Council prayers bill makes progress: MP “rejoices” to live in country with established Church

Posted: Fri, 09 Jan 2015

Council prayers bill makes progress: MP “rejoices” to live in country with established Church

The Local Government (Religious etc. Observances) Bill to allow councillors to be summoned to pray has passed a further stage on its race to becoming law.

The Private Members Bill, tabled by Jake Berry MP (right), a member of the Conservative Christian Fellowship, is backed by both Government and Labour frontbenches and would permit prayers in the official business of local authority meetings.

The Bill is designed to overturn a High Court ruling that the practice of holding prayers during council meetings was unlawful. The ruling resulted from an application by the National Secular Society and a councillor who objected to such prayers.

The vast majority of private members' bills fail for lack of being allocated time to proceed, but the Government is demonstrating that it considers it to be of the highest priority by not only allocating the time, but fast-tracking it.

Committee stage was on 6 January 2015 and Report stage is scheduled for Friday 16 January. Fridays are known for the chamber being almost deserted with Members usually returning to their constituencies for the weekend on Thursday afternoon. The NSS said this was an indication that the Government want this Bill passed "fast, and with minimum debate."

Second reading is described by Parliament as "the first opportunity for MPs to debate the main principles of the Bill", but there was no debate at all of this Bill at Second Reading. Committee Stage supposedly for a detailed examination of the Bill (by a small number of MPs proportionately representing the main political parties). It lasted just 45 minutes, and was notable for its perfunctoriness and lack of intellectual vigour.

The discussion of the Bill, for example, saw MPs compare the prohibition on council prayer during meetings to the anti-Semitism of Nazi Germany, and blame "rampant secularism" for "damaging the fabric of the nation".

Jake Berry said that he rejoiced "to live in a country where we have an established faith." He also praised Eric Pickles, the Secretary of State for Communities and Local Government, saying that the Minister had acted "swiftly" to reverse the High Court ruling.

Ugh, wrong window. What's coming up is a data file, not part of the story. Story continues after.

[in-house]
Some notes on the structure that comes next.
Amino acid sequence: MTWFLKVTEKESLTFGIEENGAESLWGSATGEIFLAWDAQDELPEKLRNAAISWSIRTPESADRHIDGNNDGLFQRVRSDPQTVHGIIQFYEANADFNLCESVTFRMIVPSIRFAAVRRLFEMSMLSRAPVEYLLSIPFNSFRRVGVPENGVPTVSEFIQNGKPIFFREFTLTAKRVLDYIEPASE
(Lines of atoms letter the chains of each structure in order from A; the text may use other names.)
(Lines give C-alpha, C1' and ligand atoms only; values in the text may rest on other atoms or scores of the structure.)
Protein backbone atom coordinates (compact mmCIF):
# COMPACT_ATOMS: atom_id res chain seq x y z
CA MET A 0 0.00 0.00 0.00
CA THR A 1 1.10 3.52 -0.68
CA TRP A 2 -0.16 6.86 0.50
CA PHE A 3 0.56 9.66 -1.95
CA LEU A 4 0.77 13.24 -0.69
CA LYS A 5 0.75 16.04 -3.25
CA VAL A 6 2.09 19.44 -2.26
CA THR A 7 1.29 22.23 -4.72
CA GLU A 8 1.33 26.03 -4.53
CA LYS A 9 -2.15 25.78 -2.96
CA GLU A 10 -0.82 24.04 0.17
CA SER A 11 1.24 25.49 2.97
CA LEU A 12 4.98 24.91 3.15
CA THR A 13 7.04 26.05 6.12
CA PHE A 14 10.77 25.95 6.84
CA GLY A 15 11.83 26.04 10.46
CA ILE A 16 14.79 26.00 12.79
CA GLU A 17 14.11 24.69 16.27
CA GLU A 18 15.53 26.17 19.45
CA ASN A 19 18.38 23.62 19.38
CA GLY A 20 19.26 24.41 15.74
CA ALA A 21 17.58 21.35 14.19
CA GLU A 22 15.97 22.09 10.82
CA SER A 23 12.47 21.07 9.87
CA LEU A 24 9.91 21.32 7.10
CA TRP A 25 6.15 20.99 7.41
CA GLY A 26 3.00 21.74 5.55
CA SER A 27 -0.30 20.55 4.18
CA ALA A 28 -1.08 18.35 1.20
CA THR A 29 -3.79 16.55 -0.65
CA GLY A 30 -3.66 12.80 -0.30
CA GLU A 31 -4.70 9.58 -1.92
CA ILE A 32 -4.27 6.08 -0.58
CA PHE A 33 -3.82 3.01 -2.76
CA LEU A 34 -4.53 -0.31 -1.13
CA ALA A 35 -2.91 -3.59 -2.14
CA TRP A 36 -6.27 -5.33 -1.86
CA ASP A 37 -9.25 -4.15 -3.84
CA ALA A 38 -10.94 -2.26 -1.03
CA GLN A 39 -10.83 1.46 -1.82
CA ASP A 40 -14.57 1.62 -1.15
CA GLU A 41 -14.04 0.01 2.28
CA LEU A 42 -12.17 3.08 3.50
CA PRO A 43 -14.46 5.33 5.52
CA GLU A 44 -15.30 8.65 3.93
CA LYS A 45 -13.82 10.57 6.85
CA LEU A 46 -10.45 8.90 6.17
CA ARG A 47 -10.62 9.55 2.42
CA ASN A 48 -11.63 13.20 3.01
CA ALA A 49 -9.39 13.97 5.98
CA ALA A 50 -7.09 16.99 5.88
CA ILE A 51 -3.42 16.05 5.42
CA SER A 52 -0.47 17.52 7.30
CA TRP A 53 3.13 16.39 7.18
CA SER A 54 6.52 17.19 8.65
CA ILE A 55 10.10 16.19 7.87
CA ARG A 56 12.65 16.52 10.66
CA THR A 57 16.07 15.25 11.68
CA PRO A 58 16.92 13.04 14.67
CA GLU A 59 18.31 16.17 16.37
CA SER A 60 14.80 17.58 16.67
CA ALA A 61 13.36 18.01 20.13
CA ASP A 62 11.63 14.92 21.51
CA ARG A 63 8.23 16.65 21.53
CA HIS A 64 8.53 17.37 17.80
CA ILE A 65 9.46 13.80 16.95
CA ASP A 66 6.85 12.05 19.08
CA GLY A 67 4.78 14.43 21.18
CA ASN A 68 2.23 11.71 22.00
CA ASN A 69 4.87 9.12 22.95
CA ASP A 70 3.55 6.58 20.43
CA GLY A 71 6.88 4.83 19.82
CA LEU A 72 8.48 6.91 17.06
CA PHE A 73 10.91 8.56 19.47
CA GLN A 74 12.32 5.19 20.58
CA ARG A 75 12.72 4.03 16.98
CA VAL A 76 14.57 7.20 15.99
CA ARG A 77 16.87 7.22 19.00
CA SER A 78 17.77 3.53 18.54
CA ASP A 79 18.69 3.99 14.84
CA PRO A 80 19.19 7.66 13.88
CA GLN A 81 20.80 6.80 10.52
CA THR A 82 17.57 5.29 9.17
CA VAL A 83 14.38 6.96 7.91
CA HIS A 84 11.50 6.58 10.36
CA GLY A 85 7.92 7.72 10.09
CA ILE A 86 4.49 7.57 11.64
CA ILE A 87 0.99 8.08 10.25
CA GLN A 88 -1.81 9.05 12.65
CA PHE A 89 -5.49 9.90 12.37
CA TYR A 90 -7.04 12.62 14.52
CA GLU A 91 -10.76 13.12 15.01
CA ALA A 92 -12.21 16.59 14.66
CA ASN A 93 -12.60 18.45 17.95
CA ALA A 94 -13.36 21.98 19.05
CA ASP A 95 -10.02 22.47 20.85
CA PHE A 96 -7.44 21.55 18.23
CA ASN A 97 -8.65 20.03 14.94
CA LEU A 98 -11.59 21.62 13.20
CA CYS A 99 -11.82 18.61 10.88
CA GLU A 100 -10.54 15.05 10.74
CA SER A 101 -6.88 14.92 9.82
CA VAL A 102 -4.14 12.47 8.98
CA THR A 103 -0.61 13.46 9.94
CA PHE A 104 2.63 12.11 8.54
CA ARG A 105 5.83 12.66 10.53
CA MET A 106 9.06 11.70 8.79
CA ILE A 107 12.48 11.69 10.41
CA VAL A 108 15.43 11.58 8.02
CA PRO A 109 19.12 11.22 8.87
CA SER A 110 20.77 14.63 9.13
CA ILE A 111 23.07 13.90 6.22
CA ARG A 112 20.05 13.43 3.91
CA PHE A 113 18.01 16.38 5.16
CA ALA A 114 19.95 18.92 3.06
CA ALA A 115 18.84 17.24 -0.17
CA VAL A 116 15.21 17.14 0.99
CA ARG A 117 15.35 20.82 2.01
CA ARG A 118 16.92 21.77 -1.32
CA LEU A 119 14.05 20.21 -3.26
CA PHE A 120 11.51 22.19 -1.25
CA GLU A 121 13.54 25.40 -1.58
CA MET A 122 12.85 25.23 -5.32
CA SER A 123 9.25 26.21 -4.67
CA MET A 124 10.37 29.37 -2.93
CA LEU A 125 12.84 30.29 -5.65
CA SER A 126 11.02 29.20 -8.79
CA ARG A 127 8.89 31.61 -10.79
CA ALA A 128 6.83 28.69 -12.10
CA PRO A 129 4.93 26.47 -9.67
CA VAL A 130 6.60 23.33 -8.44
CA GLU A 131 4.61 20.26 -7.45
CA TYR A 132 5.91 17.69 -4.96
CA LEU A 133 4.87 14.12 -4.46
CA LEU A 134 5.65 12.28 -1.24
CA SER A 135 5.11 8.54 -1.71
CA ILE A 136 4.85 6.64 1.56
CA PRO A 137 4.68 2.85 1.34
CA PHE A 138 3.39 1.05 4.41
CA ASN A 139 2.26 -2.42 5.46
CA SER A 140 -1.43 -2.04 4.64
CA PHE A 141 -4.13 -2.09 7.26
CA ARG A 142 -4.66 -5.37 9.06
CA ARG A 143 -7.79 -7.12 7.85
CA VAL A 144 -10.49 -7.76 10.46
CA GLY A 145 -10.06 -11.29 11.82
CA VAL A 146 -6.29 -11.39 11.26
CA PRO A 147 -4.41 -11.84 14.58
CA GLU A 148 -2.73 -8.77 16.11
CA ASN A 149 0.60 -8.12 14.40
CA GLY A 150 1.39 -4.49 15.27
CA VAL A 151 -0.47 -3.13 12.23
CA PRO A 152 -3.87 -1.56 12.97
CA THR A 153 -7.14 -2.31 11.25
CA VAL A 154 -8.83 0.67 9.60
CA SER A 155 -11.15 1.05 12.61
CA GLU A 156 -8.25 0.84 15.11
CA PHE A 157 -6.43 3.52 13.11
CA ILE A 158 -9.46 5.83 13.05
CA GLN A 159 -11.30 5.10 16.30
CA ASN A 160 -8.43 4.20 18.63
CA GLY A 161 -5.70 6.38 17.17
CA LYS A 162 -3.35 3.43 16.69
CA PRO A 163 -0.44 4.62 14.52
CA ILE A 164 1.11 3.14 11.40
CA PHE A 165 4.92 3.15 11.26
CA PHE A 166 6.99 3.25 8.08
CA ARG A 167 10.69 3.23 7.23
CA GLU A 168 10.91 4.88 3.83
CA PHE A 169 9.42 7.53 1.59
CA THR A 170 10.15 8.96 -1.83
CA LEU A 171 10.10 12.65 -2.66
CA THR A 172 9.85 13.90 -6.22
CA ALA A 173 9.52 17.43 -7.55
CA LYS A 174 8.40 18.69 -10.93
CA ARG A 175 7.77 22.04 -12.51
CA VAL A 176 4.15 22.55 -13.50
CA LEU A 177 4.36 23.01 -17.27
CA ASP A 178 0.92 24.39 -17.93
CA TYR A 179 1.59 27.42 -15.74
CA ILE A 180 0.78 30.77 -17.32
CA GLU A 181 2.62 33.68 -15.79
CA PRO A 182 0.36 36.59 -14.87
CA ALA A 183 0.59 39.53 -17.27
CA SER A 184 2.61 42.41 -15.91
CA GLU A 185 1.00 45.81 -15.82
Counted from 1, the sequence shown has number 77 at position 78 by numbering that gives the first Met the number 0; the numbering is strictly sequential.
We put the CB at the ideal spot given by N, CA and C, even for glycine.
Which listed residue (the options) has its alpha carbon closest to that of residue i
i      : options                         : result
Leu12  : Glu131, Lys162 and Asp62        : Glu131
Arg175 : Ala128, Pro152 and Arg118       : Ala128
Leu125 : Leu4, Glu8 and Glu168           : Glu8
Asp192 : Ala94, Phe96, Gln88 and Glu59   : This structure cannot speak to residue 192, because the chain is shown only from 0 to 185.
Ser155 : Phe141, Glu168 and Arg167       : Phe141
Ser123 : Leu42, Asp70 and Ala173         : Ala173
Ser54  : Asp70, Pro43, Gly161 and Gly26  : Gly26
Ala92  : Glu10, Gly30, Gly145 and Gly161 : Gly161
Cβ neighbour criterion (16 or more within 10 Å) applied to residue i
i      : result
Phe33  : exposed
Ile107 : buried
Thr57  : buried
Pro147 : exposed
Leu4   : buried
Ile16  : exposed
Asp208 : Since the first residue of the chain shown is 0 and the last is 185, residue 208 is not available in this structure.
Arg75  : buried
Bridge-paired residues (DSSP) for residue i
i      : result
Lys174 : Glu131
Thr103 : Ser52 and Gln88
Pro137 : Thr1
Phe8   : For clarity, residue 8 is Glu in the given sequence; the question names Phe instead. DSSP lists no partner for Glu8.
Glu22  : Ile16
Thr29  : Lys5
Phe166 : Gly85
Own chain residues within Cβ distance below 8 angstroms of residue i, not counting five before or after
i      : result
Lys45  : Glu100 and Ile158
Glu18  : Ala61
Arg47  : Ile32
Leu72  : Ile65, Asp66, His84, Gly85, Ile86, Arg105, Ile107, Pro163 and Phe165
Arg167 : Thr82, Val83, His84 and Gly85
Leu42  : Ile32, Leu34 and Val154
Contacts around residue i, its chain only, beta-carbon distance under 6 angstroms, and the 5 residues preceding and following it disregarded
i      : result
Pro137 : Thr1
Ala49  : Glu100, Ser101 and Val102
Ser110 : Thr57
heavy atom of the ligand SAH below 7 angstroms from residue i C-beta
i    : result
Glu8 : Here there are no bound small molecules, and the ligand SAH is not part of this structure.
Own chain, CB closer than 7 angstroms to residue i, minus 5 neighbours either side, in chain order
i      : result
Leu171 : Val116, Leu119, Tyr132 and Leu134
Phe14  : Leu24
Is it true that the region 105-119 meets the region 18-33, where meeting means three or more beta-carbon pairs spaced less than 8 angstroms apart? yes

NSS Campaigns Manager Stephen Evans said that "Despite all the MPs on this Committee receiving NSS briefings on this Bill, they failed in their duty to properly consider the implications for religious liberty of this Bill – and it's alarming that even after Committee stage this legislation has still not received serious scrutiny or consideration."

Indeed, David Nuttall MP, speaking during the committee 'debate', acknowledged that the Bill "received no particular scrutiny or debate on Second Reading." Mr Nuttall also criticised the National Secular Society, saying that it was "strange" for the NSS to suggest that "the Bill might in some way be seen as divisive".

He added that "[the NSS] does not seem very pleased about the fact that the majority of councillors may do this [pray during Local Authority meetings] if they so wish."

Mr Nuttall also argued that the Bill was merely "permissive legislation" which gave local authorities a choice to hold prayers, and did not compel councils to do so.

Stephen Evans responded: "Councillors who wish to do so are perfectly at liberty to meet and pray before the meeting, or have a period of silent reflection during it. As we have repeatedly made clear, we have no problem with either; that cannot reasonably be described as 'intolerant'.

"The effect of this legislation would be to compel all councillors to attend prayers during official business should councils opt to do so, or else force them to leave whilst religious observances are taking place if they don't want to sit through them. That is indeed divisive, and needlessly so.

"Councillors are not elected to practise a religion, and the majority of the country is not religious. Indeed, we gave evidence that some councillors find prayers during meetings off-putting; we should not be allowing such prayers; they are not what councillors are elected to do, and our democracy needs as many councillor candidates as possible."